Edmun History, Family Crest & Coats of Arms

The Edmun family name is linked to the ancient Anglo-Saxon culture of Britain. Their name comes from the given name Edmond. [1] [2]

Saint Edmund or Eadmund (841-870), was King of the East Angles, martyr, and saint and was born in Saxony in the city of Nüremberg in 841, being the son of King Alkmund and Queen Scivare. "Eadmund began his reign on 25 Dec. 855, and was crowned and anointed king of East Anglia by Humbert, bishop of Hulme, the following Christmas day, being then fifteen years old." [3]

Edmund or Eadmund (922?-946), king of the English, was son of Eadward the Elder and Edmund called Ironside (981?-1016), was king, the third son, probably, of Æthelred the Unready. Saint Edmund (1170?-1240), was Archbishop of Canterbury, born on St. Edmund's day (20 Nov.), probably between 1170 and 1175. [3]

Early Origins of the Edmun family

The surname Edmun was first found in Oxfordshire, where the first on record of the family was Edmund of Woodstock, Earl of Kent (1301-1330), youngest son of Edward I, by his second wife, Margaret of France. Born at Woodstock, he received from his father a revenue of seven thousand marks a year. It is thought that Edward I was to confer the rich earldom of Cornwall either on Edmund or on his elder brother Thomas of Brotherton; but the accession of Edward II negated that possibility. Edward II made Edmund Lord of the Castle and Honour of Knaresborough in 1319 and the next year granted him lands of the value of two thousand marks a year. [3]

Many of the early records were in Latin as per the following: Simon dl. Edmundi, Norfolk; and Thomas filius Edmundi, Kent, both listed in the Hundredorum Rolls of 1273. [4]

The Testa de Nevill, sive Liber Feodorum, temp. Henry III-Edward I. included the forename Edmund filius Osmund, Berkshire, Henry III-Edward I [5] and later, the Yorkshire Poll Tax Rolls of 1379 included Johannes Edmund; and Edmundua del Grange. [4]

Early History of the Edmun family

This web page shows only a small excerpt of our Edmun research. Another 147 words (10 lines of text) covering the years 1544, 1564, 1622, 1563, 1639, 1563 and 1582 are included under the topic Early Edmun History in all our PDF Extended History products and printed products wherever possible.

Edmun Spelling Variations

Until the dictionary, an invention of only the last few hundred years, the English language lacked any comprehensive system of spelling rules. Consequently, spelling variations in names are frequently found in early Anglo-Saxon and later Anglo-Norman documents. One person's name was often spelled several different ways over a lifetime. The recorded variations of Edmun include Edmond, Edmonde, Edmon, Edmonds, Edmun, Edmund, Edmunds and many more.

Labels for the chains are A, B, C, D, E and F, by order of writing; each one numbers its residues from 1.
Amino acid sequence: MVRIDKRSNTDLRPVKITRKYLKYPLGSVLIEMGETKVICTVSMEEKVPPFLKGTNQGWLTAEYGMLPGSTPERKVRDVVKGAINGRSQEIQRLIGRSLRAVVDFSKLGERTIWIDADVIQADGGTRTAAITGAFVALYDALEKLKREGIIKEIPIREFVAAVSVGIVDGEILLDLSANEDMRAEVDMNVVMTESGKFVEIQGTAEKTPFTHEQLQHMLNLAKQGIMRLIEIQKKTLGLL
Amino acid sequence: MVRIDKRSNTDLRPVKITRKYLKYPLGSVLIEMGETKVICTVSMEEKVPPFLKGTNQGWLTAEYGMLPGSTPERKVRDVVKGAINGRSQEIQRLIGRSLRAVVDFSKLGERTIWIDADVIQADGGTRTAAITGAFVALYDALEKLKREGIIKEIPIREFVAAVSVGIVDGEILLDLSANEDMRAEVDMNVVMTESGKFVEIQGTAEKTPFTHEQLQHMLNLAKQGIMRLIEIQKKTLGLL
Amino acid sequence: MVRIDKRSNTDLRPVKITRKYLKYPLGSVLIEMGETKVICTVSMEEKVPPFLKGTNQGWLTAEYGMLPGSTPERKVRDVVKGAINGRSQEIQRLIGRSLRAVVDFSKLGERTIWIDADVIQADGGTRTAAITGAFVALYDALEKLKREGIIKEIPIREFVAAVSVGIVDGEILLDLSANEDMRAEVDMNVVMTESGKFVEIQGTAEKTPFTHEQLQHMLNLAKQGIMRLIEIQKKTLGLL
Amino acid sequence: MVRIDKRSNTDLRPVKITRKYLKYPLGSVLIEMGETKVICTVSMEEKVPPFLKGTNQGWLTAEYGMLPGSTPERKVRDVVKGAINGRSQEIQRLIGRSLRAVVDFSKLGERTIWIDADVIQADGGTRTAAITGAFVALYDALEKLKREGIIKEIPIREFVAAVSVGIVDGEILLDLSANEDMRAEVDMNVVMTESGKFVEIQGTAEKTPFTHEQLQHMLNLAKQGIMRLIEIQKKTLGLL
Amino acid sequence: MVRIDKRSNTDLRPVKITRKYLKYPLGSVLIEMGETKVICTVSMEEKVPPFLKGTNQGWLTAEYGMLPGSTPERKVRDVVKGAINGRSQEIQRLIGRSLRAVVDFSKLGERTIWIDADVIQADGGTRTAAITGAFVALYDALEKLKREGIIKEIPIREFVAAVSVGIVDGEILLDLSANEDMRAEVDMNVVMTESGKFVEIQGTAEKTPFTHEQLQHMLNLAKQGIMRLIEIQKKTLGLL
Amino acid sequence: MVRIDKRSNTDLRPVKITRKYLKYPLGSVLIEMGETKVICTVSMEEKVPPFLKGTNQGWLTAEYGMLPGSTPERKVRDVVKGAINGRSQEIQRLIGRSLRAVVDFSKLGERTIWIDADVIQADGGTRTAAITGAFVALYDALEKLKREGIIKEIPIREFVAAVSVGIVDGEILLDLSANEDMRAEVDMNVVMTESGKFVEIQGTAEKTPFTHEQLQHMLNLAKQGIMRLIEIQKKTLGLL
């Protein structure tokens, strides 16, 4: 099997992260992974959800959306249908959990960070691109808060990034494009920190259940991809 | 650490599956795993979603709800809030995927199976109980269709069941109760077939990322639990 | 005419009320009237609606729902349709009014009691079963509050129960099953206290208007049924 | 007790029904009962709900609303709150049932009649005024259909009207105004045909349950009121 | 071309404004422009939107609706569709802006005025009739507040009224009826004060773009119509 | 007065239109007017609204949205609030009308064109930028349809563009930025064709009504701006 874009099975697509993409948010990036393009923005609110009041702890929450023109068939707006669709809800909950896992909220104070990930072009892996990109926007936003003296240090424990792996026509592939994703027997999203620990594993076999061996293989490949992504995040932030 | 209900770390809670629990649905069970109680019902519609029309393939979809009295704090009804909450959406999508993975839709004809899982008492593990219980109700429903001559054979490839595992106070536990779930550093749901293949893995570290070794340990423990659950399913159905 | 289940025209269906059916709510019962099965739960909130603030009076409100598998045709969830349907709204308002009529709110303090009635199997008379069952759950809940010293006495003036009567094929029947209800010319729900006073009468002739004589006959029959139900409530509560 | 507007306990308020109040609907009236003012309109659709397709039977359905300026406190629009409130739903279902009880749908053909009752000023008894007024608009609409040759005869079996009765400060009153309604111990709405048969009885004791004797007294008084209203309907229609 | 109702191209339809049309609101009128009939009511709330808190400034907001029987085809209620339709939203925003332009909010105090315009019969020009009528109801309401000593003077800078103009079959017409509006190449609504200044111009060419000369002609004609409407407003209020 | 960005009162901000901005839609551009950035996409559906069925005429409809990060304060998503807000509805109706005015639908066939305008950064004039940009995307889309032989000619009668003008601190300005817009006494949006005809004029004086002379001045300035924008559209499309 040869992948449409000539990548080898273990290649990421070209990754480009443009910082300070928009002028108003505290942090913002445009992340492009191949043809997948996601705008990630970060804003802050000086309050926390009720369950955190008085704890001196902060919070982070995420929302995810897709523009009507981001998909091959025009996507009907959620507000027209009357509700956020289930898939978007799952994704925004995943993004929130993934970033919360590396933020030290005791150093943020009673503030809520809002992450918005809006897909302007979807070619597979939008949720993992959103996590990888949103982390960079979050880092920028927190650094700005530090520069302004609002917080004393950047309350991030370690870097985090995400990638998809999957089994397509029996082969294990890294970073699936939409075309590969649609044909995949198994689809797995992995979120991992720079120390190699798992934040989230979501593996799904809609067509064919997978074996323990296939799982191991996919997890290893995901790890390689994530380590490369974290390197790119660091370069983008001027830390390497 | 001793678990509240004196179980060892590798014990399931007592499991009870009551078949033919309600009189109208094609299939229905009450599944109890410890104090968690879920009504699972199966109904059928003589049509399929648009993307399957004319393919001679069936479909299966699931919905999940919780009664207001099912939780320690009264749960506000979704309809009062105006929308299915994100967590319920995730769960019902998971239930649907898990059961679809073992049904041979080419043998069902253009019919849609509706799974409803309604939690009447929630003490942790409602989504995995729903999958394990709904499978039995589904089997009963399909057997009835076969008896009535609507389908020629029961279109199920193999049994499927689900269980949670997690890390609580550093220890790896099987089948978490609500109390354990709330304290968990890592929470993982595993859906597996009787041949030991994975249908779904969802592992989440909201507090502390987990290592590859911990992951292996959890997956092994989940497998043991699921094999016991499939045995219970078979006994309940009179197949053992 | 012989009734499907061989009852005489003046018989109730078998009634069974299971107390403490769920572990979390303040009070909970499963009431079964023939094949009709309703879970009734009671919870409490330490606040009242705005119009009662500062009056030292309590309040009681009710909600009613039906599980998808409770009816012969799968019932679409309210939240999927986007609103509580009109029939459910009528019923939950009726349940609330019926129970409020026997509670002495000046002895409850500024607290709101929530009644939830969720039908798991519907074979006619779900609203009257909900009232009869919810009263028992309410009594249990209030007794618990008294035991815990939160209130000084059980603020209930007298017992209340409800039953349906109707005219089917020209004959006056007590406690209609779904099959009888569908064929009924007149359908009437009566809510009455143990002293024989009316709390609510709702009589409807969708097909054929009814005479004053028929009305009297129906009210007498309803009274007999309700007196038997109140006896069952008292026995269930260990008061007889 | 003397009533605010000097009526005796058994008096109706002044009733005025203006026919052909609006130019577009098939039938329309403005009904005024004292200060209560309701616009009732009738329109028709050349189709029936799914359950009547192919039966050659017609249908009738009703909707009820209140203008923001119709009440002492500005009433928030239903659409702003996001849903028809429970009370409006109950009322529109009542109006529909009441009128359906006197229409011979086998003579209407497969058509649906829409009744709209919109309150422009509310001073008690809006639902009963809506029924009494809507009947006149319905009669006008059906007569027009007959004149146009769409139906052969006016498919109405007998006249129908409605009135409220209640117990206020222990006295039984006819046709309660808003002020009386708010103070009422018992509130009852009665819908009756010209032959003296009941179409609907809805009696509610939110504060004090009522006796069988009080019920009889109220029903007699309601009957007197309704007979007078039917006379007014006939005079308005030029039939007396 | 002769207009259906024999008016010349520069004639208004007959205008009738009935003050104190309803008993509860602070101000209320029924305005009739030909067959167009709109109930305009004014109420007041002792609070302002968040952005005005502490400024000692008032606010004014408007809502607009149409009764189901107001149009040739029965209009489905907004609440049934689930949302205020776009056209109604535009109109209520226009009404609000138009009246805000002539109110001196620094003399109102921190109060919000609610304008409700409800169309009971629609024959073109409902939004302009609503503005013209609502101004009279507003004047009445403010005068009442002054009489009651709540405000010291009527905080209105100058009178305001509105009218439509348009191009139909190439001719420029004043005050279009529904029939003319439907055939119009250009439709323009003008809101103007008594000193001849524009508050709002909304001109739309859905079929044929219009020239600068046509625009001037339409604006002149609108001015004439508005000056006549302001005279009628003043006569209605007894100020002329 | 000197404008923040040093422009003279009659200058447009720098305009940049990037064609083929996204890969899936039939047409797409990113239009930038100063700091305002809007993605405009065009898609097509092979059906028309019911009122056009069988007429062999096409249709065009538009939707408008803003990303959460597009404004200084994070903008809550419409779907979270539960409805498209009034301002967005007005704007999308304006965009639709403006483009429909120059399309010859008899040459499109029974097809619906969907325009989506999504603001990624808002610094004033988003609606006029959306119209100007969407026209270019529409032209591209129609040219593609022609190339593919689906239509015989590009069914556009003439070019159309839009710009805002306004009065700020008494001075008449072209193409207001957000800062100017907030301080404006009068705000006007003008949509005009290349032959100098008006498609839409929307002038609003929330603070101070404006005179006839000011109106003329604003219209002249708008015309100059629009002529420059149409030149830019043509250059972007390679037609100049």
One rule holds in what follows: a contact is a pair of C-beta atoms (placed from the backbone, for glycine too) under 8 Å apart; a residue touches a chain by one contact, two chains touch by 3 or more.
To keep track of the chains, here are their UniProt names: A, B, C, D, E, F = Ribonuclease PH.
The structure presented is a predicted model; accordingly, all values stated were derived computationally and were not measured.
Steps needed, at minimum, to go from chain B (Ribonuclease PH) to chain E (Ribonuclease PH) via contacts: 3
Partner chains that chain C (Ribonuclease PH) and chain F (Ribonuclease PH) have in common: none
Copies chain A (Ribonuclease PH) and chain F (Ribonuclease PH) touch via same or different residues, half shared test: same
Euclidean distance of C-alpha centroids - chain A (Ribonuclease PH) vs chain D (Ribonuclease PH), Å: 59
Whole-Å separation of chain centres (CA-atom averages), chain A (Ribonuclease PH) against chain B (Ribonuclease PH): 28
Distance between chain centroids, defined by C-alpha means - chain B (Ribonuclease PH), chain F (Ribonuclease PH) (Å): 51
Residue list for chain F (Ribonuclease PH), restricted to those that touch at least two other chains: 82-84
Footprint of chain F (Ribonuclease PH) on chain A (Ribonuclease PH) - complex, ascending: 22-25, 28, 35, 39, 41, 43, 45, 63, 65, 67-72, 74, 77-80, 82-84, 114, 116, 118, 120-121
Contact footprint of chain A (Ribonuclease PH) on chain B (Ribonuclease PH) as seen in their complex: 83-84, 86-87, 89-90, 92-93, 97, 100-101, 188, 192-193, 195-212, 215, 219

Early Notables of the Edmun family (pre 1700)

Distinguished members of the family include John Edmunds (died 1544), English Master of Peterhouse. [3] Sir Clement Edmondes (1564?-1622), was Clerk to the Council, born at Shrawardine in Shropshire. His parentage is not known, but he is described in the Oxford matriculation register as a yeoman's son...
Another 46 words (3 lines of text) are included under the topic Early Edmun Notables in all our PDF Extended History products and printed products wherever possible.

Migration of the Edmun family

Thousands of English families boarded ships sailing to the New World in the hope of escaping the unrest found in England at this time. Although the search for opportunity and freedom from persecution abroad took the lives of many because of the cramped conditions and unsanitary nature of the vessels, the opportunity perceived in the growing colonies of North America beckoned. Many of the settlers who survived the journey went on to make important contributions to the transplanted cultures of their adopted countries. The Edmun were among these contributors, for they have been located in early North American records: Thomas Edmond who settled in Virginia in 1654. There was a John Edmonds living in Salem, Massachusetts in 1630. Phillip Edmund brought his family to Barbados in 1663.



  1. ^ Harrison, Henry, Surnames of the United Kingdom: A Concise Etymological Dictionary Baltimore: Geneological Publishing Company, 2013. Print
  2. ^ Lower, Mark Anthony, Patronymica Britannica, A Dictionary of Family Names of the United Kingdom. London: John Russel Smith, 1860. Print.
  3. ^ Smith, George (ed), Dictionary of National Biography. London: Smith, Elder & Co., 1885-1900. Print
  4. ^ Bardsley, C.W, A Dictionary of English and Welsh Surnames: With Special American Instances. Wiltshire: Heraldry Today, 1901. Print. (ISBN 0-900455-44-6)
  5. ^ Testa de Nevill or "Liber Feodorum" or "Book of Fees," thought to have been written by Ralph de Nevill, for King John (1199–1216)


Houseofnames.com on Facebook